The resignation of Melbourne City Council’s Lord Mayor Robert Doyle amid accusations of sexual misconduct has again thrust the presumption of innocence in due legal process into the public spotlight.
Mr Doyle’s resignation comes seven weeks after sexual harassment allegations were made against him.
Mr Doyle, who was admitted to hospital on the weekend, has also resigned as chairman of Melbourne Health.
Last week Mr Doyle received a draft copy of a report into claims of indecent assault, misconduct and sexual harassment by Ian Freckelton, QC.
Mr Doyle’s lawyer, Nick Ruskin, said in a statement that Mr Doyle has “been through a period which he feels has lacked a semblance of natural justice, where the burden of proof does not rest with proving guilt, but rather proving innocence”.
He said Mr Doyle “continues to strenuously deny the allegations made against him”.
Mr Doyle took leave from his position as lord mayor in mid-December after fellow Team Doyle councillor Tessa Sullivan resigned from council. Ms Sullivan alleged that Mr Doyle had harassed and indecently assaulted her. Other sexual harassment allegations against Mr Doyle were then made by fellow councillor Cathy Oke, and photographer Dianne Mallas as well as by an unnamed partner of a Melbourne Health medical specialist.
Acting Lord Mayor Arron Wood was critical of the media coverage of the case when interviewed by ABC radio host Jon Faine on Monday morning. “To be frank I think that the public commentary – opening the paper or turning on the television each day – has been extremely difficult and probably unhelpful.”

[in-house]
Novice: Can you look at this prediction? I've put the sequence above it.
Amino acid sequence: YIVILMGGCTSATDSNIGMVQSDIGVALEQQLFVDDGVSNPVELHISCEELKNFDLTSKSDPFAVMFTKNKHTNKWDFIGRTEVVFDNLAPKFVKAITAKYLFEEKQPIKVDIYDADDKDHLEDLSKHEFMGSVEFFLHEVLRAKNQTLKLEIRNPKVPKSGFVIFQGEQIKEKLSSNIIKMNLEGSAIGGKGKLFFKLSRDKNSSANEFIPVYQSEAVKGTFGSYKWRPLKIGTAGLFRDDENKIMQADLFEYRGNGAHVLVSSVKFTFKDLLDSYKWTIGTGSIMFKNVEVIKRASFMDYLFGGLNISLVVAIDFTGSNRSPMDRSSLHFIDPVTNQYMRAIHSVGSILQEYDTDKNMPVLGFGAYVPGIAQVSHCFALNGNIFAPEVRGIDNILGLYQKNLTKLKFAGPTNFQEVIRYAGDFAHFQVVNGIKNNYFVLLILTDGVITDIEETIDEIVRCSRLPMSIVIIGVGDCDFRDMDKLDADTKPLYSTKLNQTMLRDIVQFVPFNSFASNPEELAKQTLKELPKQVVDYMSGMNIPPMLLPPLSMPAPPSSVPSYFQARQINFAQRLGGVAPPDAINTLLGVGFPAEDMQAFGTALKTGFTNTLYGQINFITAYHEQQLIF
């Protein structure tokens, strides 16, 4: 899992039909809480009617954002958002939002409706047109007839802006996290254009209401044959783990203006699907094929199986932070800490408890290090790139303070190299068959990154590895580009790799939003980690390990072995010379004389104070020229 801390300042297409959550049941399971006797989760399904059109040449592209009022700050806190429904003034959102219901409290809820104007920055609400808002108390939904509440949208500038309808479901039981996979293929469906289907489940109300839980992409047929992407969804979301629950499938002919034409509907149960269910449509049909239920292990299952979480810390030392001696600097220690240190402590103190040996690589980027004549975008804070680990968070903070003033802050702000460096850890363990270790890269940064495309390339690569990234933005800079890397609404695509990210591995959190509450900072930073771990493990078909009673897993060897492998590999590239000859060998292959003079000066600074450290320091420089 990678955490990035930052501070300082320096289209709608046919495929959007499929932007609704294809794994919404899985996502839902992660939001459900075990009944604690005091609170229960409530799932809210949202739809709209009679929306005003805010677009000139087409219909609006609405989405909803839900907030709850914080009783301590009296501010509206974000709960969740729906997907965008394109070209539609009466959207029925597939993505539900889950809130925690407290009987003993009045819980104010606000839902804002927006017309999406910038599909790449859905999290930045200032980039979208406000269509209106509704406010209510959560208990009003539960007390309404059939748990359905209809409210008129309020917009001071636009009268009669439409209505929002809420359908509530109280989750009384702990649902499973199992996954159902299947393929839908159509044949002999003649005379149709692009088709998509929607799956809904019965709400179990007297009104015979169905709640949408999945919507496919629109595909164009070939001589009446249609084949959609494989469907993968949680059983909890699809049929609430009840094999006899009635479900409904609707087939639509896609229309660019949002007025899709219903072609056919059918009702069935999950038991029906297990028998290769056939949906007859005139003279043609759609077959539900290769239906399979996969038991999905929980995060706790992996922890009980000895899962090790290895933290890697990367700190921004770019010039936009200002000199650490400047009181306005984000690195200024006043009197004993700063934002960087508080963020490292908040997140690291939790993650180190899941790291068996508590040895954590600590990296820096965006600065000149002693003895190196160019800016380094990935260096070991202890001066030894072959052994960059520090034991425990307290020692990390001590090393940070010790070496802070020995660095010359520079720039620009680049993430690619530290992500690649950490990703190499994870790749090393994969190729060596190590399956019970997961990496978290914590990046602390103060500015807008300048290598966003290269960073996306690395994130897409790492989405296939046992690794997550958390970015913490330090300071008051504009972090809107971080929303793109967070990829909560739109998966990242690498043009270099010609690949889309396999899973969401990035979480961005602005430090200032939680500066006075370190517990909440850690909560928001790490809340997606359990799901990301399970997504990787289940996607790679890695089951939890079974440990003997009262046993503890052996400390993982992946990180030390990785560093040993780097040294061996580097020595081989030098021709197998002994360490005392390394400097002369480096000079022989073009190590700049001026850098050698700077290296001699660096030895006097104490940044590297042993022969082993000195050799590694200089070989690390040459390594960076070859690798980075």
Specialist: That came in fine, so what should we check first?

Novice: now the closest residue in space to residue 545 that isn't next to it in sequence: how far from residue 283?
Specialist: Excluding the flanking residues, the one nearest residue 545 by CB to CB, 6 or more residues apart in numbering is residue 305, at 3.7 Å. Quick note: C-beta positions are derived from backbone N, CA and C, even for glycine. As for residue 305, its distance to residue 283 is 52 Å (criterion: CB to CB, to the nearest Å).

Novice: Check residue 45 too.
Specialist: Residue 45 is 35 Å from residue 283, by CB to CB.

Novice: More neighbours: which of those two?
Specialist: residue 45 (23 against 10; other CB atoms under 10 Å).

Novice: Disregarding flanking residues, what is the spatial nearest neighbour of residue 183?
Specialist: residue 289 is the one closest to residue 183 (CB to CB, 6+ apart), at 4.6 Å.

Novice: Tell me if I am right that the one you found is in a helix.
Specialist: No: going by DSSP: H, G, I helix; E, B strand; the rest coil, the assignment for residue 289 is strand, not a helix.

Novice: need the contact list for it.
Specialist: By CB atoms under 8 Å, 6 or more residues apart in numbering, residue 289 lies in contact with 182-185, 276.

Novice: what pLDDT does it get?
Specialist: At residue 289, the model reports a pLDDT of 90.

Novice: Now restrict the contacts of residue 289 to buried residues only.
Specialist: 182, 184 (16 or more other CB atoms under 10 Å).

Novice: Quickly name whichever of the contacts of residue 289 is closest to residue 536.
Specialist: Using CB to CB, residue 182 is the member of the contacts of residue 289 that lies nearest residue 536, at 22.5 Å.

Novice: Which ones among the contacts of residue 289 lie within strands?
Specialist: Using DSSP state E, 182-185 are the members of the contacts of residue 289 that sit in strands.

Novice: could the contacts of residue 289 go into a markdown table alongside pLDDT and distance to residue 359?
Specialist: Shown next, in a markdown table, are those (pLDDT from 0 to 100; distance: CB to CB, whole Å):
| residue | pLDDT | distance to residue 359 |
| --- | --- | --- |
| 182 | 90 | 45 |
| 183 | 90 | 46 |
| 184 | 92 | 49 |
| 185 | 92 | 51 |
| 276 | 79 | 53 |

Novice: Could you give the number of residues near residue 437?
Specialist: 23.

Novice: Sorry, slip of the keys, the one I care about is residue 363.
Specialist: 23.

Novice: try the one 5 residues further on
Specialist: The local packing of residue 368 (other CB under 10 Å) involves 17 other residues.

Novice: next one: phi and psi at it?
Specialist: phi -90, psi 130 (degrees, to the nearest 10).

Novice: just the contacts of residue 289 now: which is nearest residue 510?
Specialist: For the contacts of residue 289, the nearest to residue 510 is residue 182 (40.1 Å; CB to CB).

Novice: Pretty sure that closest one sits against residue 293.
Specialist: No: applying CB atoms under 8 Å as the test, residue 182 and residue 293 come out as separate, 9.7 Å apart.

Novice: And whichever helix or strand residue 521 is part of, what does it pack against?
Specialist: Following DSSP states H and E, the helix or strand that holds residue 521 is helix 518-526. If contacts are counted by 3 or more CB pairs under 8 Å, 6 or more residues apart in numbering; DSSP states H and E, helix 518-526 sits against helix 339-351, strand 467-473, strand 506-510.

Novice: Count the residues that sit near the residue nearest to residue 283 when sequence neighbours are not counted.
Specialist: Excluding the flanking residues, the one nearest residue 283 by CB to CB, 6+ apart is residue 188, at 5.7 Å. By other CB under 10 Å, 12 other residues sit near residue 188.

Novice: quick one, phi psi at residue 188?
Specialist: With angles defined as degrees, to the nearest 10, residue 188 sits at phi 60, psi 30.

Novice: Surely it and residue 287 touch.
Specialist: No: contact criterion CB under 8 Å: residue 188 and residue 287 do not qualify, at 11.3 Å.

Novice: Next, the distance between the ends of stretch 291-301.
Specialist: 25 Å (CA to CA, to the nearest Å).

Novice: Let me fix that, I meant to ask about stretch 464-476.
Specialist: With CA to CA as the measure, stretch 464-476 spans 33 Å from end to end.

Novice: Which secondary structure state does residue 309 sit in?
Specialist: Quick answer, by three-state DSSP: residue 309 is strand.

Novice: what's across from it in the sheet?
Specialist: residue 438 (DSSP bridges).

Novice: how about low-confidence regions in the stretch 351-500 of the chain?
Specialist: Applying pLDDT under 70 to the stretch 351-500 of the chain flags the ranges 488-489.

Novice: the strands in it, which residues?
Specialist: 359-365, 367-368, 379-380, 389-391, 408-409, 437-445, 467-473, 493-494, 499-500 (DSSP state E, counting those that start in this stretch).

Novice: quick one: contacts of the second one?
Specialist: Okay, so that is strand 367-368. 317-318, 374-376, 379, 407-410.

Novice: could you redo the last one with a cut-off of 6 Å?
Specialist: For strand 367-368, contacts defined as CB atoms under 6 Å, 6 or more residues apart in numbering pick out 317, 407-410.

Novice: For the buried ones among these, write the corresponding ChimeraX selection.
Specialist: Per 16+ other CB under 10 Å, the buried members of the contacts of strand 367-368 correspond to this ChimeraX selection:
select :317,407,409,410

Dr Freckelton was hired by council CEO Ben Rimmer to conduct an independent investigation into the allegations against Mr Doyle after Ms Sullivan resigned from council. His findings have not yet been made public.
The Doyle allegations are part of the local fallout of the #Me Too social media campaign which began last year after revelations of sexual misconduct by powerful Hollywood producer Harvey Weinstein. Millions of people around the world, mostly women, have since shared their stories of being harassed, bullied or assaulted by powerful men.
The #MeToo movement has been hailed as a watershed moment. Time Magazine went to name the #Me Too social media campaign its 2017 ‘Person of the Year’, dubbing the women who spoke out “the silence breakers”.